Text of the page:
Cricket world bids Curran farewell

2012-10-11 00:00

ZIMBABWE cricket and the cricketing world mourns the death of former Zimbabwean batsman, national team coach and Dolphins player Kevin Curran (53), who died yesterday morning in Mutare.

According to a statement by Zimbabwe Cricket, the super fit and healthy Curran died while jogging, although the exact cause of death had still to be confirmed.

Curran was currently coaching the Mashonaland Eagles and was in Mutare for yesterday’s T20 clash against the Mountaineers. The match was postponed as the cricket fraternity tried to come to terms with the untimely death.

Curran made his international debut for Zimbabwe at the 1983 World Cup, in the team which caused a sensation when beating Australia by 13 runs. He played in two World Cups, scoring 287 runs in 11 matches, with two half-centuries. A right-arm seamer, he took nine wickets in one-day internationals and, by the time Zimbabwe was given Test match status, he had decided to remain in England as his 10-year residency qualification was nearly completed.

On the English county circuit, he was a faithful servant to Gloucestershire and Northamptonshire, scoring 1 000 runs in a season five times. He was on the circuit from the mid 1980s, joining Northants from 1991 after Gloucestershire failed to renew his contract. He retired from playing in 1999, but was actively involved in cricket.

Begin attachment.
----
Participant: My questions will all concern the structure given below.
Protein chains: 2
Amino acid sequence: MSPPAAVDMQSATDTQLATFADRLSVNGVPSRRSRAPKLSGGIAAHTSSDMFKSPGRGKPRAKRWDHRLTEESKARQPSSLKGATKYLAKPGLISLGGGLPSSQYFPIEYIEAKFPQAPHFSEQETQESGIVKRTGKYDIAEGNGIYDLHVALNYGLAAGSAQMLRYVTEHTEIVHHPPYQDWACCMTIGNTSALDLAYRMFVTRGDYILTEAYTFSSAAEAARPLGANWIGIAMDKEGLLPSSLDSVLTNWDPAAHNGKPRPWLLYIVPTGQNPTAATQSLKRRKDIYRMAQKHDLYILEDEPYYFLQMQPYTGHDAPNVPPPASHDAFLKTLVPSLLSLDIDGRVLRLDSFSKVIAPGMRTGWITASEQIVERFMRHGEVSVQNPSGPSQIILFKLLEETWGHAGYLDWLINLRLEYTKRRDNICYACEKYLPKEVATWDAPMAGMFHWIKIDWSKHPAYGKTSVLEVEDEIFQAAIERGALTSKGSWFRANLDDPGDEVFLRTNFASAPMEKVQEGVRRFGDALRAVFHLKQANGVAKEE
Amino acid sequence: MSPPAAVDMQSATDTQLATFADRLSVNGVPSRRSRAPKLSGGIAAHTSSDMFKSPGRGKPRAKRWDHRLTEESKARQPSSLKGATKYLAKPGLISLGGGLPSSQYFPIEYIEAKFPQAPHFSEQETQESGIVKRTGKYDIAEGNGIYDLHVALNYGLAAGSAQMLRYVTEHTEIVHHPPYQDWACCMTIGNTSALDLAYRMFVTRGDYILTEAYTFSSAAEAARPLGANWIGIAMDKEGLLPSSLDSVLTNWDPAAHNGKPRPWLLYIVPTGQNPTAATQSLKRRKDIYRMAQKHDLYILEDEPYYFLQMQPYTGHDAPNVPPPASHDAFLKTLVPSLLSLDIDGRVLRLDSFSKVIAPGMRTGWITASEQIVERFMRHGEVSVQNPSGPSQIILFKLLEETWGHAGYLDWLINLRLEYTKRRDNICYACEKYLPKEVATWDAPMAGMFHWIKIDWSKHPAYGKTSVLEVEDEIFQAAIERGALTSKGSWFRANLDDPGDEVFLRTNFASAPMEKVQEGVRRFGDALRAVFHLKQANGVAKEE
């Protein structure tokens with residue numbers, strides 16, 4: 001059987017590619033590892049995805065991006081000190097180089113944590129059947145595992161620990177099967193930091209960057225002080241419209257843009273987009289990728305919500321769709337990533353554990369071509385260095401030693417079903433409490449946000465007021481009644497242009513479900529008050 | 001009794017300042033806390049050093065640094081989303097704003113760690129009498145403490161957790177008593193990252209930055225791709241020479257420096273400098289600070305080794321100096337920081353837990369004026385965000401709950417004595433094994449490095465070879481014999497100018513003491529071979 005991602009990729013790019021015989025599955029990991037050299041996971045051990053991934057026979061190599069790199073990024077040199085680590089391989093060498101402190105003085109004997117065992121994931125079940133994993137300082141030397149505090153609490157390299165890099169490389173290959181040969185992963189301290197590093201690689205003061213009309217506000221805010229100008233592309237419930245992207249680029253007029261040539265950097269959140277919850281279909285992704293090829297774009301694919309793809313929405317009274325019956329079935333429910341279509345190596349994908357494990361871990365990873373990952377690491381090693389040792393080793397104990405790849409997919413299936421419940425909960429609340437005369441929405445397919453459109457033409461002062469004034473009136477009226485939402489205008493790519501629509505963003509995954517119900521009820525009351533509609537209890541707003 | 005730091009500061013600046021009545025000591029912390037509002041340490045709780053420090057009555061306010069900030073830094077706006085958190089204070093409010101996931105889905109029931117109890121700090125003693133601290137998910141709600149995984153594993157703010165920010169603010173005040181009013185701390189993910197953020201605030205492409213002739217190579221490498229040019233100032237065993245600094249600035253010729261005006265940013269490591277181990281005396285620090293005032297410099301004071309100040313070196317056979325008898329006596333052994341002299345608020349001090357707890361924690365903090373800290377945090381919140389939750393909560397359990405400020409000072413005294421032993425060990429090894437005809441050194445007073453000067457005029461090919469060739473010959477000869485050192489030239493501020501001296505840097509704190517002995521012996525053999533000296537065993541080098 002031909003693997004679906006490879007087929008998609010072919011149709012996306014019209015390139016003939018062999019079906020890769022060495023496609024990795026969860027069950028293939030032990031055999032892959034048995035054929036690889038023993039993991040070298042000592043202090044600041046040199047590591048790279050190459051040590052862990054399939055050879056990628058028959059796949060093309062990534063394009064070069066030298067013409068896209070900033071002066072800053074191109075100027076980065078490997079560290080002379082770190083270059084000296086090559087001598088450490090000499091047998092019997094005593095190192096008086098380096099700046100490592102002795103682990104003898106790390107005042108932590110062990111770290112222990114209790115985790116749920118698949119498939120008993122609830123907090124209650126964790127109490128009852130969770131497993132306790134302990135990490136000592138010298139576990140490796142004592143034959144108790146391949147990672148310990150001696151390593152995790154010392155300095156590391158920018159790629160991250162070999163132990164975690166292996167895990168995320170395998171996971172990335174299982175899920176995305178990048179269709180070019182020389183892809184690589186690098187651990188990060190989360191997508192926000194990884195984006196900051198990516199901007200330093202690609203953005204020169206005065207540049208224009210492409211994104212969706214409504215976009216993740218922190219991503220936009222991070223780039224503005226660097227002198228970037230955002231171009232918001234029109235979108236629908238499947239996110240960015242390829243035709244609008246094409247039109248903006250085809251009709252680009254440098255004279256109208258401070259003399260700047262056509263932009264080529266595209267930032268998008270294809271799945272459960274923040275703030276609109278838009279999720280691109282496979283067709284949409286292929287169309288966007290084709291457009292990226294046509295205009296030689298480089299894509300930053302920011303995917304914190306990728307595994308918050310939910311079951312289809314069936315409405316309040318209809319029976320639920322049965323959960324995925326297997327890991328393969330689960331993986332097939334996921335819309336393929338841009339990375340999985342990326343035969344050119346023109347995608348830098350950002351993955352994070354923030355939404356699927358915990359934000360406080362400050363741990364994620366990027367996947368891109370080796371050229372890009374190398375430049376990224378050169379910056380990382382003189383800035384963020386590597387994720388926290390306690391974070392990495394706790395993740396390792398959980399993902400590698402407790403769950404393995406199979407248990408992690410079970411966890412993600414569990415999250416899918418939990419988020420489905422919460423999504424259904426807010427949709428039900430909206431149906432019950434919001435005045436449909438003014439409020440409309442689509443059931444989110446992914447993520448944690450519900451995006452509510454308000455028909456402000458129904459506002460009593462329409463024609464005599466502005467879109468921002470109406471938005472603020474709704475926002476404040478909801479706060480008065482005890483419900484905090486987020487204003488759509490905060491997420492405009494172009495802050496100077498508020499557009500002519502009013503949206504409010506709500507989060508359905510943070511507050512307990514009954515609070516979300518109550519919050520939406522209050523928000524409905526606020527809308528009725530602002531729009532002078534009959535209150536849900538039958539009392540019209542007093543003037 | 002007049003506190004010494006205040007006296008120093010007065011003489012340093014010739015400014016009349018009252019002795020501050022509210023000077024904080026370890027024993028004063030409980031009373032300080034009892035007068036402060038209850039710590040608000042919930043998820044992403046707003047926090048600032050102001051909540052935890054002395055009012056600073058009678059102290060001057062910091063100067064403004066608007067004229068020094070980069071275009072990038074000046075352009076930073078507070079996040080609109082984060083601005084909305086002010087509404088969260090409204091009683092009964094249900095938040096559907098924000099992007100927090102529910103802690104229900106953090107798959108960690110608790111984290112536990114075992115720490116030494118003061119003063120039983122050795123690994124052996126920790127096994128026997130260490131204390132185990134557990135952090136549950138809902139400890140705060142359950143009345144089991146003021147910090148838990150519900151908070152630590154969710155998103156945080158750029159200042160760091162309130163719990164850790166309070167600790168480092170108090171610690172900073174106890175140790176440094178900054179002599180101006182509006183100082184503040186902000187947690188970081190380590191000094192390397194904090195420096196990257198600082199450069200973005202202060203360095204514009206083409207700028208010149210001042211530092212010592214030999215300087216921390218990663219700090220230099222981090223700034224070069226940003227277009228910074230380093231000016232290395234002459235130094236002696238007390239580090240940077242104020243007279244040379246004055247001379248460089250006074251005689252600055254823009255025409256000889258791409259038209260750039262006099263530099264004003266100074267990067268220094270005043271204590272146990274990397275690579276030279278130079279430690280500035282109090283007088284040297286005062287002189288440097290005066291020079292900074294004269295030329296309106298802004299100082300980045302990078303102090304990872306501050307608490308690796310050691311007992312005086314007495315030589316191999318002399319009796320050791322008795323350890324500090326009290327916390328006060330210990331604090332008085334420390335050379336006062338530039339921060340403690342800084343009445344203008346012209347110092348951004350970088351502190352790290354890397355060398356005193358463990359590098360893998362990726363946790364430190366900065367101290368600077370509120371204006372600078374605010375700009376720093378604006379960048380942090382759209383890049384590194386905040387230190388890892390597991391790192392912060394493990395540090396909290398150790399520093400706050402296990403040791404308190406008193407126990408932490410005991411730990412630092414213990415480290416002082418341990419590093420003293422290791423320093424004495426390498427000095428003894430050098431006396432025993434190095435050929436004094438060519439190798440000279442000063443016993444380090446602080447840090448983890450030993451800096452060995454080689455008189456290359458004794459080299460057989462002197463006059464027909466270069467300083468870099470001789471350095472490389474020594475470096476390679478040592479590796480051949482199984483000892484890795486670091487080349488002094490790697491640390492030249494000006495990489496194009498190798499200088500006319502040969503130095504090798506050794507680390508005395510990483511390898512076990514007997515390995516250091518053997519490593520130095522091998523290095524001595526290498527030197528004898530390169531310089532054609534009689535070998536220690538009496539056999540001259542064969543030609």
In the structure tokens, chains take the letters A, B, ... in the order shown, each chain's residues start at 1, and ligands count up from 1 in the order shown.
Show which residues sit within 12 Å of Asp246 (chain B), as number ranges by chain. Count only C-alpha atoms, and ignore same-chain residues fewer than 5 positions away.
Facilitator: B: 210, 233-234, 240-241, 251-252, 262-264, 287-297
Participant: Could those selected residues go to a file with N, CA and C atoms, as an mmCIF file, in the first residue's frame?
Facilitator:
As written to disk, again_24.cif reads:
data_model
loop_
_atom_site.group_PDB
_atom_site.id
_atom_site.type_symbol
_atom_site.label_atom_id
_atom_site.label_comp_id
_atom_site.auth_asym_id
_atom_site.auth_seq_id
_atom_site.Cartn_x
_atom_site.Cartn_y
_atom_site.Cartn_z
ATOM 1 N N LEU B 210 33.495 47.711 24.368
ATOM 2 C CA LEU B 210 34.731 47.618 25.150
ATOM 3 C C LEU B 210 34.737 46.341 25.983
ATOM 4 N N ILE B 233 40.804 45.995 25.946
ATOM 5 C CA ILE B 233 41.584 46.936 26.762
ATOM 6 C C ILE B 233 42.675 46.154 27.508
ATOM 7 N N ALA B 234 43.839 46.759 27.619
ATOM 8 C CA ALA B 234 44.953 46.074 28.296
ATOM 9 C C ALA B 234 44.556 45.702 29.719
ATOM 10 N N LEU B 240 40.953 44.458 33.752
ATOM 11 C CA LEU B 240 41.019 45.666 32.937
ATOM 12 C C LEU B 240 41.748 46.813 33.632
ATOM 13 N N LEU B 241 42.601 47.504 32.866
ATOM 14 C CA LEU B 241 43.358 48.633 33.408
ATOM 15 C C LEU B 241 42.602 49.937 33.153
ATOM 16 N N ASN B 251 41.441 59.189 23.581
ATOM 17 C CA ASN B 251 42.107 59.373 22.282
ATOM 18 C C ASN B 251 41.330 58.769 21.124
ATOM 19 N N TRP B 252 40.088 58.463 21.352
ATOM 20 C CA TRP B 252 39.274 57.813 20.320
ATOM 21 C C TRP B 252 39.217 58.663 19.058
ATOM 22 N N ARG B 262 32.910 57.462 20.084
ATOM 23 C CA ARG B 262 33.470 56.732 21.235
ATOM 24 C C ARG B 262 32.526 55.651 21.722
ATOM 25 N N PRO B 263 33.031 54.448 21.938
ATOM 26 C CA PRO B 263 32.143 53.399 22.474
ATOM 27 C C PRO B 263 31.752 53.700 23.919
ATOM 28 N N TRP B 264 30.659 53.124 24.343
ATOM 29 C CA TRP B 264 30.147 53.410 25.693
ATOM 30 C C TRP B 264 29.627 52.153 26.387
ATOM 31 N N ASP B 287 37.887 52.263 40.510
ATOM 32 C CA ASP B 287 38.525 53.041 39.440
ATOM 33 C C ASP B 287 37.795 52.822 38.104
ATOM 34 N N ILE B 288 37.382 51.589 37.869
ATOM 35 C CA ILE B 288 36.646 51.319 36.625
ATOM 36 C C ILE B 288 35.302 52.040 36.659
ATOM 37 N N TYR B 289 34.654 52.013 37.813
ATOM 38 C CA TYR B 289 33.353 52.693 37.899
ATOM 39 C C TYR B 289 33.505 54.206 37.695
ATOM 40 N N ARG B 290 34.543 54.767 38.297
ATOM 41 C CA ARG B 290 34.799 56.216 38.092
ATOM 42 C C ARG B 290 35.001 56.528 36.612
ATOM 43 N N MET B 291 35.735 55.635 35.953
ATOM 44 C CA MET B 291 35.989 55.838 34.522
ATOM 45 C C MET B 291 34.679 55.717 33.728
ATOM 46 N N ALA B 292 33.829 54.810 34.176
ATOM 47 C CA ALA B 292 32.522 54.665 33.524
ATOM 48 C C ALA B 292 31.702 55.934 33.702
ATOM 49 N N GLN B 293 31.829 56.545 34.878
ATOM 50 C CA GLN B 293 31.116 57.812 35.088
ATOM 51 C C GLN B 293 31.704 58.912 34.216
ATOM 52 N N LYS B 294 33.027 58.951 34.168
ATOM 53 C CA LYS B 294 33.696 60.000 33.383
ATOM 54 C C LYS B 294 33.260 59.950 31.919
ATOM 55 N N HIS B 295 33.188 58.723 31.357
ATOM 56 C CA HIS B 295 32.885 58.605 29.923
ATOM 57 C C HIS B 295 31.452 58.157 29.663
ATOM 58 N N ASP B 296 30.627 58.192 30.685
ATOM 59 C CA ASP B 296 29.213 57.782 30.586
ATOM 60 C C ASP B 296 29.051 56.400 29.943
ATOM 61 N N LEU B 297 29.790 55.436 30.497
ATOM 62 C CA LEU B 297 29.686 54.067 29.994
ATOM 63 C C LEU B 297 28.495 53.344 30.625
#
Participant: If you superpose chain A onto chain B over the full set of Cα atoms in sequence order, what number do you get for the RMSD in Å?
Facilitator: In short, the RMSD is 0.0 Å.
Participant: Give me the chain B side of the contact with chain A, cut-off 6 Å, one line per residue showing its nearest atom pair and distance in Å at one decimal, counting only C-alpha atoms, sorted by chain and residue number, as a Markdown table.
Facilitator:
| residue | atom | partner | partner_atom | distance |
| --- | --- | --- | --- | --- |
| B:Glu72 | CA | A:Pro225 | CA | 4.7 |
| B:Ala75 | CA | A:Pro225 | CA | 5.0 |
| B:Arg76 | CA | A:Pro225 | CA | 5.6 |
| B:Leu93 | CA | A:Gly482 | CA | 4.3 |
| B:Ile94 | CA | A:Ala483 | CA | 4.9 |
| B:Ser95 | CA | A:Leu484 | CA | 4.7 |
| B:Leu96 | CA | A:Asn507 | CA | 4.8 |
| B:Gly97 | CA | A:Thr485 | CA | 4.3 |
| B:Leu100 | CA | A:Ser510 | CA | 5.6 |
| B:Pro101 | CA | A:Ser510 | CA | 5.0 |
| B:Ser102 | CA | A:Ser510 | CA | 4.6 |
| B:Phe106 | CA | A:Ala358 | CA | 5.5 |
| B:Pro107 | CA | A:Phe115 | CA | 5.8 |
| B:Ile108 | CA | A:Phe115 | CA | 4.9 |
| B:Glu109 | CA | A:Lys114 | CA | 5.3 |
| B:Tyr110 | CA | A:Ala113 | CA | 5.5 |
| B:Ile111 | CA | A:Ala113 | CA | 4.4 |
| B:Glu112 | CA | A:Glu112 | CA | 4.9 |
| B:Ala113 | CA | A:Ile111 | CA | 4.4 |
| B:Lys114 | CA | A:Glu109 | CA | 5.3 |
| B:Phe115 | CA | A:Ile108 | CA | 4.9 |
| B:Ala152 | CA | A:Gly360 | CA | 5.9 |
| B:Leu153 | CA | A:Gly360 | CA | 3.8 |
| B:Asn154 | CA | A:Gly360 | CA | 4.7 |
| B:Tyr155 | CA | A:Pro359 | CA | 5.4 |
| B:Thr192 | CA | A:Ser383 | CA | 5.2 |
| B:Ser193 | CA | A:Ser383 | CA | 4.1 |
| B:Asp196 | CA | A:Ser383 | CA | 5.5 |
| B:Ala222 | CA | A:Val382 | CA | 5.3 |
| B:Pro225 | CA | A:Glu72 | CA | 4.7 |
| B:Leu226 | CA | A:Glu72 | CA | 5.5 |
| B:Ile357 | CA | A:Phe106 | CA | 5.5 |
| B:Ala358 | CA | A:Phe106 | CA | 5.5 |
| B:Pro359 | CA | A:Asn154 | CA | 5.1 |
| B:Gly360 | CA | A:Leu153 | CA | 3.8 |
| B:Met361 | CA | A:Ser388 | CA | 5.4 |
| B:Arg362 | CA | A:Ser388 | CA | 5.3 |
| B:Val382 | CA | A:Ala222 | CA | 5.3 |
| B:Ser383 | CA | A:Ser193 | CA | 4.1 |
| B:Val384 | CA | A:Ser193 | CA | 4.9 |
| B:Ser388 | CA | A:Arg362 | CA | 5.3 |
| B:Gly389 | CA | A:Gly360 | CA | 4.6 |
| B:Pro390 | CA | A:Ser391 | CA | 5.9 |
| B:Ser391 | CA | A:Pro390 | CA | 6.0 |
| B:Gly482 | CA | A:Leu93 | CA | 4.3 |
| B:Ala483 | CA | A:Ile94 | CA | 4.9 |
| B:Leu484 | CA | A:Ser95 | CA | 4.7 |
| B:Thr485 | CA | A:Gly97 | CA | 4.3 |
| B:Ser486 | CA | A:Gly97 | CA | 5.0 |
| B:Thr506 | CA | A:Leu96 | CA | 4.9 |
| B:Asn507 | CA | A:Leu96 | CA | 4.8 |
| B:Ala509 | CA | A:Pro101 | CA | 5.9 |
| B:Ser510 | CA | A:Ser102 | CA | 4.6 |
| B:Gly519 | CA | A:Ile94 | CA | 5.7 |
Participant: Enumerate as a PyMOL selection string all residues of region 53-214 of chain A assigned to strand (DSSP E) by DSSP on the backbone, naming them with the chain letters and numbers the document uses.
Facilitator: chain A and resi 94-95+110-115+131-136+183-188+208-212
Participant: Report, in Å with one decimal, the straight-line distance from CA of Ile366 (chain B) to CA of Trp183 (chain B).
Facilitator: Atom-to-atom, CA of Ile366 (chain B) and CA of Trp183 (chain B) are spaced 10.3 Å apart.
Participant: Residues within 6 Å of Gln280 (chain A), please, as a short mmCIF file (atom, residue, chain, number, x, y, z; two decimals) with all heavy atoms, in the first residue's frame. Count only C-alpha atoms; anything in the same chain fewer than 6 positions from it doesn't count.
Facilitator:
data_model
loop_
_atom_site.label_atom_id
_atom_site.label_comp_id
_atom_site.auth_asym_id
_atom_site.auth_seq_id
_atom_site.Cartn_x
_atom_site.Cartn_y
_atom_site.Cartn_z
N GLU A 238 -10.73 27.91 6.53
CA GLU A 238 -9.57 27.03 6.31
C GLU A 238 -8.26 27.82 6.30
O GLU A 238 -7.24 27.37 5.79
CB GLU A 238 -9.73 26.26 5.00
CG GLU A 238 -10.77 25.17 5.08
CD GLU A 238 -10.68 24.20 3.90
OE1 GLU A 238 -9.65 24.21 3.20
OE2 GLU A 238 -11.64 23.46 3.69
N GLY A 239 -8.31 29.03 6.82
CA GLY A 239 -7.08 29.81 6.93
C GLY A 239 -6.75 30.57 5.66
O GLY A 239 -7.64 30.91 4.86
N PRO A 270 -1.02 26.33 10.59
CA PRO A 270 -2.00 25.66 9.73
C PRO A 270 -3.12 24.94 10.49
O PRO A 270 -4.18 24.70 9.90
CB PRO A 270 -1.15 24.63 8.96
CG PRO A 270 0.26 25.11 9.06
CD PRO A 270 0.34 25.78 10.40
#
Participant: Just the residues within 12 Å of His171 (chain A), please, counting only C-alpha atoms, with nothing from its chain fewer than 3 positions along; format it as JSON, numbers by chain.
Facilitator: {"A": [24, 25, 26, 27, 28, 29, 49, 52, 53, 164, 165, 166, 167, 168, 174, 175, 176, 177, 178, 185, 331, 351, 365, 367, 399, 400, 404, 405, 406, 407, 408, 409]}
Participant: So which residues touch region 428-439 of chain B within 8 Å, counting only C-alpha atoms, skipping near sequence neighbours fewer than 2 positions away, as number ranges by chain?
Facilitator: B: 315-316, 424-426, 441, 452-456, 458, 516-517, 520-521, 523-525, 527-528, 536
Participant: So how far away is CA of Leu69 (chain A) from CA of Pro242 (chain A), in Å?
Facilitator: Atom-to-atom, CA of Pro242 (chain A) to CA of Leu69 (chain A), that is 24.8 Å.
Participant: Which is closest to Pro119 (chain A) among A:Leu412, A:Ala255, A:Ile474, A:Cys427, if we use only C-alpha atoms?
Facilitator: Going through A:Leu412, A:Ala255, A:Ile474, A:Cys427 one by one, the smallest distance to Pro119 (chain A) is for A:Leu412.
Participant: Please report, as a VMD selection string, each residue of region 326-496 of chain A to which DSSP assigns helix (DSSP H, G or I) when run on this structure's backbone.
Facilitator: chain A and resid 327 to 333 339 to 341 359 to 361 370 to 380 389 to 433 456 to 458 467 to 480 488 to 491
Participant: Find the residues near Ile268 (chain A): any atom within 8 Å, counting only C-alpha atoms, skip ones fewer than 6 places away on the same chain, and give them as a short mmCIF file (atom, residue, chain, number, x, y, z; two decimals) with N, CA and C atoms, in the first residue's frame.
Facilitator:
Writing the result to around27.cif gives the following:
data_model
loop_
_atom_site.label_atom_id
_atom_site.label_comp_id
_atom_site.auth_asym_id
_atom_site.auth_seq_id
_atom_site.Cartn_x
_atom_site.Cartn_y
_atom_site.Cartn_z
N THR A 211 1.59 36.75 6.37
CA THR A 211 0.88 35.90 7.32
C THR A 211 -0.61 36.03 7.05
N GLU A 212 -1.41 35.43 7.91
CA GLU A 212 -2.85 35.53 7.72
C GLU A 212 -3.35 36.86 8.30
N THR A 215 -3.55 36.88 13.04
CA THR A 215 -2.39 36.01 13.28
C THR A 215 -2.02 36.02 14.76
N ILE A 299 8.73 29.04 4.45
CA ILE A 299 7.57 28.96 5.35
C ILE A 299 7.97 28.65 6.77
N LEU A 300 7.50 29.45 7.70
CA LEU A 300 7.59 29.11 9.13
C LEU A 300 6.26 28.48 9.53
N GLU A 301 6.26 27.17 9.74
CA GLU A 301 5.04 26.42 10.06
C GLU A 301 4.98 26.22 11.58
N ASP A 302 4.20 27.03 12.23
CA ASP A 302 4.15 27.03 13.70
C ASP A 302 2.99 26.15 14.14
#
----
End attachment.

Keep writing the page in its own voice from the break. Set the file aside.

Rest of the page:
Returning to Zimbabwe, he was the national team’s assistant coach before moving to Namibia. Back in Zimbabwe, he took over from West Indian Phil Simmons as national team coach from August 2005 until 2007. He was head of the Zimbabwe Cricket Academy and coached the Zimbabwe U19 side at the World Cup in 2010. While coach of the Mashonaland Eagles, he was named on the senior selection panel.

Mashonaland Eagles CEO Vimbai Mapukute said: “I have yet to meet a man more passionate about cricket in this country.

“He put his heart and soul into developing our franchise and had plans for high performance facilities and developing players and the game. His death has left a huge void and I have lost a friend.”

Closer to home, Curran turned out for Natal and Boland, playing with commitment and high standards.

Jesse Chelin, CEO of KwaZulu-Natal Cricket Union, expressed his sadness at the news.

“As a union, we send our deepest condolences to his family and Zimbabwe cricket. His death is a huge loss to cricket in Zimbabwe where he was dedicated in returning his country to a respected force in world cricket.

“As a former Natal player, we feel his loss and a cloud of sadness hangs over us at this time.”

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